Ankur Gopal CEO, Interapt

The problem with cutting-edge tech is that it changes so rapidly that it can be difficult to find talent with specific experience. Interapt, which builds technology solutions for large enterprises, has a solution to that problem: growing its own talent.

Louisville Future spoke with Interapt’s founder and CEO Ankur Gopal about how he is using the traditional apprenticeship program for technology.

Let’s talk about your spin on finding and developing talent.

Gopal: People have always asked me how I could build a tech company in Kentucky, where there is little tech talent. But there’s no utopian society out there where the war for talent isn’t a problem. If I was in San Francisco, then I would have talent problems. There’s a little bit of a geographic bias against Kentucky.

Instead of seeking people from New York and San Francisco to come here, I realized that I was just going to have to find people who like living here and skill them up.

We have hired senior level people through LinkedIn, college recruiting and all the typical ways. But we also go out in to the community and find ‘diamonds in the rough.’ We invest in them, scale them up really fast, and put them on a team as an apprentice. We not only buy talent, but we also build it. We’ve changed a lot of lives and gotten work done at the same time.

Our whole premise is that we can solve skilling and growth problems, as well as the equity problem that we face in America, by creating jobs and skills for people that typically were left behind from the tech economy.

The members of the apprenticeship program are very diverse.

Gopal: One of our participants found out about our program while at a women’s shelter. She passed the coding test and is now in the program. We started with a very rural population and then an African-American population. Same metrics, same results, with the common thread being that these people have the drive. [To hear more individual stories about Interapt’s apprenticeship program, you can watch this video from PBS News Hour.]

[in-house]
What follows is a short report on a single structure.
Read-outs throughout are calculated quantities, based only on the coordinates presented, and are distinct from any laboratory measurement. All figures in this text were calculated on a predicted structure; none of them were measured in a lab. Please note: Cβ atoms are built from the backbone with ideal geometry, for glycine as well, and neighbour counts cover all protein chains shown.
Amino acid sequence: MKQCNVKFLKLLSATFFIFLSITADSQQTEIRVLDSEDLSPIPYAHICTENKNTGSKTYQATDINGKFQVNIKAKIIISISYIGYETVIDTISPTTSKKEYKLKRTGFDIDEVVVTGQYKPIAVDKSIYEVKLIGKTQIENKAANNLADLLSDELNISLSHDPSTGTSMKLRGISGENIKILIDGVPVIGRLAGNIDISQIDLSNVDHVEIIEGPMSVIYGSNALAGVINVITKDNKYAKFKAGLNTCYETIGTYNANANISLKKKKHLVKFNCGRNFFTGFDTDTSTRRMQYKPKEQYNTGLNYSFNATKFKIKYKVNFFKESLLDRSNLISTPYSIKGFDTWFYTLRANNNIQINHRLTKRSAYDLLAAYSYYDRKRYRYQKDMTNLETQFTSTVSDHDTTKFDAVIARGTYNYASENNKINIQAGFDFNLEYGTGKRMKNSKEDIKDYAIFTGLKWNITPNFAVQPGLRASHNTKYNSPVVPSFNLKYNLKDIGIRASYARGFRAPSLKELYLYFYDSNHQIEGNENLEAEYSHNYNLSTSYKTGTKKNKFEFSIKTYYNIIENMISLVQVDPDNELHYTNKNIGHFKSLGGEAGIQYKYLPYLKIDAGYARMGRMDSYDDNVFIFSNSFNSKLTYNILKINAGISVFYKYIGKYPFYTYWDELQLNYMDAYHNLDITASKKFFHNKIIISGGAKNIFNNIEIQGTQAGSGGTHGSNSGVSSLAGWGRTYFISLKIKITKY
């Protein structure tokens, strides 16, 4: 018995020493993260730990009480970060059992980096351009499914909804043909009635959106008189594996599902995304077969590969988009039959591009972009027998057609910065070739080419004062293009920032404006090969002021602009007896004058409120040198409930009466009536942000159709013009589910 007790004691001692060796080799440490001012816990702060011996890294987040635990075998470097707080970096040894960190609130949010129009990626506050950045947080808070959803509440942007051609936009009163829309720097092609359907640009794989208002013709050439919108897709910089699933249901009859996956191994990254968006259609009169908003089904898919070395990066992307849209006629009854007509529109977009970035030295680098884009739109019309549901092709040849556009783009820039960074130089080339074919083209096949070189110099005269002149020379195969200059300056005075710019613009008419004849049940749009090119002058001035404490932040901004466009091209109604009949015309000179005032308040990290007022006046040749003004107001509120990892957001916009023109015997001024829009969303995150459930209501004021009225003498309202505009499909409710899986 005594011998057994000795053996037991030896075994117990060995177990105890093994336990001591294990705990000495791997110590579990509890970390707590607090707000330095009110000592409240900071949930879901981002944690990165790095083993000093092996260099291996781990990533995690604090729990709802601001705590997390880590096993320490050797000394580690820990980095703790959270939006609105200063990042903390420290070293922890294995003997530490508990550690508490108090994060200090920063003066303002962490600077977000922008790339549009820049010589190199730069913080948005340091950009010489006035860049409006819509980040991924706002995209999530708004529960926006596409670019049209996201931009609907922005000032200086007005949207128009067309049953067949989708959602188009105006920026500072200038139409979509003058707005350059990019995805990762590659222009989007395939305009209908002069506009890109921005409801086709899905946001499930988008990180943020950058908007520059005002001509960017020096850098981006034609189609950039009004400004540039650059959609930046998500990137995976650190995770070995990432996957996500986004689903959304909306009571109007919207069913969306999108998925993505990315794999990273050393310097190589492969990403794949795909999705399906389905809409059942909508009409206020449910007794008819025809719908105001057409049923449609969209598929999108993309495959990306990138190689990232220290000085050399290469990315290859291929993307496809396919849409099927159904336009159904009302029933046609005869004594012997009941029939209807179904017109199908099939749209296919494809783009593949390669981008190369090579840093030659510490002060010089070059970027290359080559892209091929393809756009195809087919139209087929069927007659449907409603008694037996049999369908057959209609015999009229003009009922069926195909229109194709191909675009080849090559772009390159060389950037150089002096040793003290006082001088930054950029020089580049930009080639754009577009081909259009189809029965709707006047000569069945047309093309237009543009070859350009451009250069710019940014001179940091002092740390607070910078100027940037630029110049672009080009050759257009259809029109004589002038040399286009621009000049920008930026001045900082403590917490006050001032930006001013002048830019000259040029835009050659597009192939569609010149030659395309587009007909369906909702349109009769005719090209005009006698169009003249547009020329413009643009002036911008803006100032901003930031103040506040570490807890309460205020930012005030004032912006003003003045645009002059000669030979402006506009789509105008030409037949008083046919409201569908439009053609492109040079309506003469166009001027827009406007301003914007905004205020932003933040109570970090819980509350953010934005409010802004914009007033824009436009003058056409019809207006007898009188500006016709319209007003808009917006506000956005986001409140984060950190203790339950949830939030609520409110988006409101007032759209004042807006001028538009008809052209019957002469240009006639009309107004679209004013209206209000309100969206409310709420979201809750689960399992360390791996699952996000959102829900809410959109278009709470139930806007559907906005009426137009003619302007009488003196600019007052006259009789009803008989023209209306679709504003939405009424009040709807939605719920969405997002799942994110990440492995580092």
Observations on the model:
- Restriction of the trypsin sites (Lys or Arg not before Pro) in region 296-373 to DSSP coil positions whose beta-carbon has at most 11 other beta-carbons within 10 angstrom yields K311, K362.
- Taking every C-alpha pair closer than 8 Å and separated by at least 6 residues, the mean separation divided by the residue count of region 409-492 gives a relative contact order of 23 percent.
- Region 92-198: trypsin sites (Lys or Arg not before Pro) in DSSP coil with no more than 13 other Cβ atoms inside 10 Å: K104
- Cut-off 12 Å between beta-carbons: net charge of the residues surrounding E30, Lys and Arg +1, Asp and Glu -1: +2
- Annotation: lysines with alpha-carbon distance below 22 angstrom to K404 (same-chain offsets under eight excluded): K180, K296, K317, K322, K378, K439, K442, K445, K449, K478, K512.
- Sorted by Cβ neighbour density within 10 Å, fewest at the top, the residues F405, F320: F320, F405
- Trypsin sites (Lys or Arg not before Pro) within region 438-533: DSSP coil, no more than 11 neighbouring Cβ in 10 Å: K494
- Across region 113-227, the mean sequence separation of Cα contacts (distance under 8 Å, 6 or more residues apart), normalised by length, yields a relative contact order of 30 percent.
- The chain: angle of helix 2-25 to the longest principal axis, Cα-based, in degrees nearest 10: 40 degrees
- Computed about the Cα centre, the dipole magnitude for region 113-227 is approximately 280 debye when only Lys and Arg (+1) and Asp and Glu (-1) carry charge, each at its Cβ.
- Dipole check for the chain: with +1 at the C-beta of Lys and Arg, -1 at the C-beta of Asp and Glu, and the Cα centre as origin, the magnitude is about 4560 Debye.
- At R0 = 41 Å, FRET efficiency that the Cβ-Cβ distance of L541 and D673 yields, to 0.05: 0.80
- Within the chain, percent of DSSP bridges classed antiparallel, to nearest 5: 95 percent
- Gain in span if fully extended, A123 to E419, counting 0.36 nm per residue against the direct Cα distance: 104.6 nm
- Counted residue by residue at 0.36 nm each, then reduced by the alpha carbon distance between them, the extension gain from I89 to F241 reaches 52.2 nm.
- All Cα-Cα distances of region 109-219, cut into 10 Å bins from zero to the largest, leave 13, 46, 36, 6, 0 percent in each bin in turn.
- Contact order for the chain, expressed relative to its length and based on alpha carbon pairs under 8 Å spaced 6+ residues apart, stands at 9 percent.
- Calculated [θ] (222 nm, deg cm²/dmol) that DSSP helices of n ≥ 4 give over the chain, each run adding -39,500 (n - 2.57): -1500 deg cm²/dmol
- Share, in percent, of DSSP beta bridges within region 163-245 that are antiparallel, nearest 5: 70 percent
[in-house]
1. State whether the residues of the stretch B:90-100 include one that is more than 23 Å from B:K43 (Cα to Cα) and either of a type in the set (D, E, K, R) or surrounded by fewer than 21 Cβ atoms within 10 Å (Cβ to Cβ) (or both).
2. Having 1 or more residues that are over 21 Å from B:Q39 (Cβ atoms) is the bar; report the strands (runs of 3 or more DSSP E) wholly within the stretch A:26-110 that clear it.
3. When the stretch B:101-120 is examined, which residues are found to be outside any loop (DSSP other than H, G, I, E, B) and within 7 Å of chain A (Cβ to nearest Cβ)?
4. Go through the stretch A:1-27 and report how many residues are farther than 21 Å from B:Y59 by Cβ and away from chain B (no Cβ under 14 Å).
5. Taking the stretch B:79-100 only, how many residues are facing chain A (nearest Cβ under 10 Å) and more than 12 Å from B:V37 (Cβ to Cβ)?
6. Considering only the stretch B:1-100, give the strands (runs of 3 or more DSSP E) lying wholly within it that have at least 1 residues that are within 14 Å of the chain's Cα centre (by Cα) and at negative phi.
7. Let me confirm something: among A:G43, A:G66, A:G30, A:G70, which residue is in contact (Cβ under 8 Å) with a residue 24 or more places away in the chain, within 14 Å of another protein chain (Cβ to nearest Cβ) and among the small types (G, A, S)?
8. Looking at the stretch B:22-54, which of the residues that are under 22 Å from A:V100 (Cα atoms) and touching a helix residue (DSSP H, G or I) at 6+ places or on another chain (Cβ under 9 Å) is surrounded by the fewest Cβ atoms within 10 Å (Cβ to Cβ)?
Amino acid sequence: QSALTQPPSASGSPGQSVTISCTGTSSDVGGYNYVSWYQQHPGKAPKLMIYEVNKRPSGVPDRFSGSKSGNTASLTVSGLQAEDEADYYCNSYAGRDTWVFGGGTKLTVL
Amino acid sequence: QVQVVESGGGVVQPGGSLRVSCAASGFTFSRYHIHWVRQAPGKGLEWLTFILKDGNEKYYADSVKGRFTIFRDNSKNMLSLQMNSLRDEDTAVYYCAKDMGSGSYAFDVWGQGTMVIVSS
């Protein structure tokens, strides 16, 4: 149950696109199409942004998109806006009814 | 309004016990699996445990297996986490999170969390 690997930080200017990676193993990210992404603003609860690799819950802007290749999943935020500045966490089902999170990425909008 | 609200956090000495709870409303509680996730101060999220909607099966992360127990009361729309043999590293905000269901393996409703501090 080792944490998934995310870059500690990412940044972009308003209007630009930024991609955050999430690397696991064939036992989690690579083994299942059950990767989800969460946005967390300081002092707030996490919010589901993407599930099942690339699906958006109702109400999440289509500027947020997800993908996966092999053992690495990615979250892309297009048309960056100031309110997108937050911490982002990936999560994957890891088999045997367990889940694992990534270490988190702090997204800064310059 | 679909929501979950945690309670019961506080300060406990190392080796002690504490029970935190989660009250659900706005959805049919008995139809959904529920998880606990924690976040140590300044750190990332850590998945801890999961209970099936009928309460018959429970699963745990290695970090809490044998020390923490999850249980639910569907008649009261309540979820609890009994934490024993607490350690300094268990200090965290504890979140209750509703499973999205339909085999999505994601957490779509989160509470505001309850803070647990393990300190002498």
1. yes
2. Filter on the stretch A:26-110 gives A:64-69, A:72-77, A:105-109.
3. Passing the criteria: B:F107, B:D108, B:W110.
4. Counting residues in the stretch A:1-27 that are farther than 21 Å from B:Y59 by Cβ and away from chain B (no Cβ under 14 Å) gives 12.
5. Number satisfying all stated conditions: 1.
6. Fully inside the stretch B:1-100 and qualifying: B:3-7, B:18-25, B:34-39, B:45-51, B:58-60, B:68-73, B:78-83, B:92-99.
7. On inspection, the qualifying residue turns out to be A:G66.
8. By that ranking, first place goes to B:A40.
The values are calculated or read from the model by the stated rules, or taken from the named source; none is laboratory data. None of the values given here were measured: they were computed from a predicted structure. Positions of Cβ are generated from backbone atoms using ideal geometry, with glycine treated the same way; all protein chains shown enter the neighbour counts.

Tell us about how the tech apprenticeship started.

Gopal: We began by offering locals a simple coding test with instructions. We took 50 people, and 35 of them passed. The actual training program is 2,000 hours, qualifying it as a U.S. Department of Labor-certified apprenticeship and not just a coding camp. We have to put in the time to make sure no one is left behind when we cross the finish line.

We also pay people while they learn, and we do not ask for any of the money back that we invested in training. You can’t expect someone to learn something hard and take time out of life if they’re worried where their daughter’s next meal is coming from.

Did the pandemic affect your plan?

Gopal: I think the pandemic helped us in a sense. It proved you can still work on a world-class project or with world-class companies, while living in anywhere you want. For example, we went to Appalachia. We knew people wanted to live there but they needed access to markets that didn’t exist for that area. So we created an onramp for them to do that.

I have friends who work for Silicon Valley companies, but they live somewhere else. They fly there once in a while, and they come back, because they like living here. Louisville is poised to take advantage of this. We’re going to see a tremendous boost to our economy and see more companies located here, with more workers wanting to live here.

What are the advantages of being located in Louisville?

Gopal: There are several. One of the big things that comes to mind is that we’re one of a few high-growth tech companies here that are working together. I can call a CEO at one of those companies if one of their employees has applied at my company, and I can make sure my hiring that person won’t cause some kind of hardship or friction. There’s a lot of back-and-forth channeling that happens. We have courtesy and respect for each other’s companies and share the all-boats-rise-together mentality.